Tom, Tom, Tom.  Answer this classic ethical question if you will:  A man’s wife is going to die unless she gets a special medicine-which is way more than he can afford. Since he can’t buy it, the man breaks into a pharmacy and steals the medicine.  Was he wrong to do that? Aren’t there shades of rightness and wrongness that are beyond our God-given hardwiring capabilities to easily discern?  In fact, you assume that your spammer is a low-life—that she or he knows better, and you are probably right.  There’s a slim chance, though, that like the man in our story, that spammer was trying to buy life-saving drugs for an ailing relative. I understand why you hit delete, but you assume you know the e-mailer’s circumstances—either that, or you don’t care to know them. I guess what I’m asking is, Tom, did you pause before you punched delete, or was it automatic with you? Was there some thinking involved?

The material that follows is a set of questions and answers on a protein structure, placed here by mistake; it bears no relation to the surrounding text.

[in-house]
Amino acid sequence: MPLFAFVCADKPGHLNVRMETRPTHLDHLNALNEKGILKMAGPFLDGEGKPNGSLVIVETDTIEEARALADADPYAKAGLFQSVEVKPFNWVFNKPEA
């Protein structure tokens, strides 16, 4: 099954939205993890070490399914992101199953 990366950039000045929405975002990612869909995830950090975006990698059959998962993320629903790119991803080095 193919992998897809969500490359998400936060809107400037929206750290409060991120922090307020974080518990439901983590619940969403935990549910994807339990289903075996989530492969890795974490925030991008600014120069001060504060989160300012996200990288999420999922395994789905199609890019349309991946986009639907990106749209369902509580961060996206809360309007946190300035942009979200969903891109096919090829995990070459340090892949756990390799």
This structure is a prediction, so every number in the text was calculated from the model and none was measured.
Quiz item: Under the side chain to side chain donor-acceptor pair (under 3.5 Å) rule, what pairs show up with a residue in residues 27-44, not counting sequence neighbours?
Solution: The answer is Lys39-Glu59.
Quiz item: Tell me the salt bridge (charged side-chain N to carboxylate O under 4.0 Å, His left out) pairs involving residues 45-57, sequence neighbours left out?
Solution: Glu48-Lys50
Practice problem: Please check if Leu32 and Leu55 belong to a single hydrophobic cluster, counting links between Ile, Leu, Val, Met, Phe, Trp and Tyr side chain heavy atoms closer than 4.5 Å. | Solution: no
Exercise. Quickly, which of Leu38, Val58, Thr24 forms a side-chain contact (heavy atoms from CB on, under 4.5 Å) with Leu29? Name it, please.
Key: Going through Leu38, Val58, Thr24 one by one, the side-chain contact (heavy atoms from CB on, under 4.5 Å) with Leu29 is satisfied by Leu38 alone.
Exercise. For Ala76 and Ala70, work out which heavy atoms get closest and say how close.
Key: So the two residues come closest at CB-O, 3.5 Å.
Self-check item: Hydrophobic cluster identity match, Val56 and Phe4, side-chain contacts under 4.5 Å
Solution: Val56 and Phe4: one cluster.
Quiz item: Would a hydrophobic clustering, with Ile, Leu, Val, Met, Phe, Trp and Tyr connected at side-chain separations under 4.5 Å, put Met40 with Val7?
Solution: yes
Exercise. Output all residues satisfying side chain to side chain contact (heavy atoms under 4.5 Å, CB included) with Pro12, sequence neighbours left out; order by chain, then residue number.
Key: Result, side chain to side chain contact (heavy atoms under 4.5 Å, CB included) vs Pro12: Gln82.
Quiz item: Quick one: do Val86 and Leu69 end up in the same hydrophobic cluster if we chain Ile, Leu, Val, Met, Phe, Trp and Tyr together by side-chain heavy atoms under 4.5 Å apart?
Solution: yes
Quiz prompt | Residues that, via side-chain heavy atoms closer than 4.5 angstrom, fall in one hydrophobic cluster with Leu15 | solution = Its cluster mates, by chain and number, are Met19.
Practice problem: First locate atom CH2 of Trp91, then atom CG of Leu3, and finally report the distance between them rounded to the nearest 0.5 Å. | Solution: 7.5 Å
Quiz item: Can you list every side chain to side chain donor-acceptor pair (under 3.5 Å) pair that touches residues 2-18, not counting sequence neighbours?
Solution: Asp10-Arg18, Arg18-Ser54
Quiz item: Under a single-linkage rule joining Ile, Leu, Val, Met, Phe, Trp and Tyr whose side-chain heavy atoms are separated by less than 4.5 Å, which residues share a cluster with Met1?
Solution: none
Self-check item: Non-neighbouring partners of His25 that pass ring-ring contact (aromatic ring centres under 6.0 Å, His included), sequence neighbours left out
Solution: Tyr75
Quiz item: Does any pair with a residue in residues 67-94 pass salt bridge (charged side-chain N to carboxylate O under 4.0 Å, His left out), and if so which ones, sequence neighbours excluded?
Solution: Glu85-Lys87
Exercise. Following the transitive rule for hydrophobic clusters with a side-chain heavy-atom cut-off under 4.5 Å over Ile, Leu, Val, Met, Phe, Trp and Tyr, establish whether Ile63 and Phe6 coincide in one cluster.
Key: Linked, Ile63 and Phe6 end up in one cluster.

You may be a great writer, Tom, and you may be a fervent Christian, too, but any trained Christian ethicist would tell you that determining right from wrong—attempting to decide and then act according to God’s will, passing judgment on others, is not as easy as checking in with your head or your heart.   Martin Luther King, Jr. has written, “There is almost a universal quest for easy answers…nothing pains some people more, then having to think.”  Does that describe you?

That’s at least some of what I would say to Tom.    

So, now I want to share with you WHY we who are Christians know right from wrong—this according to what I know to be true as a pastor with at least some training in Christian ethics; and, what I have learned from some of those books on my bookshelf.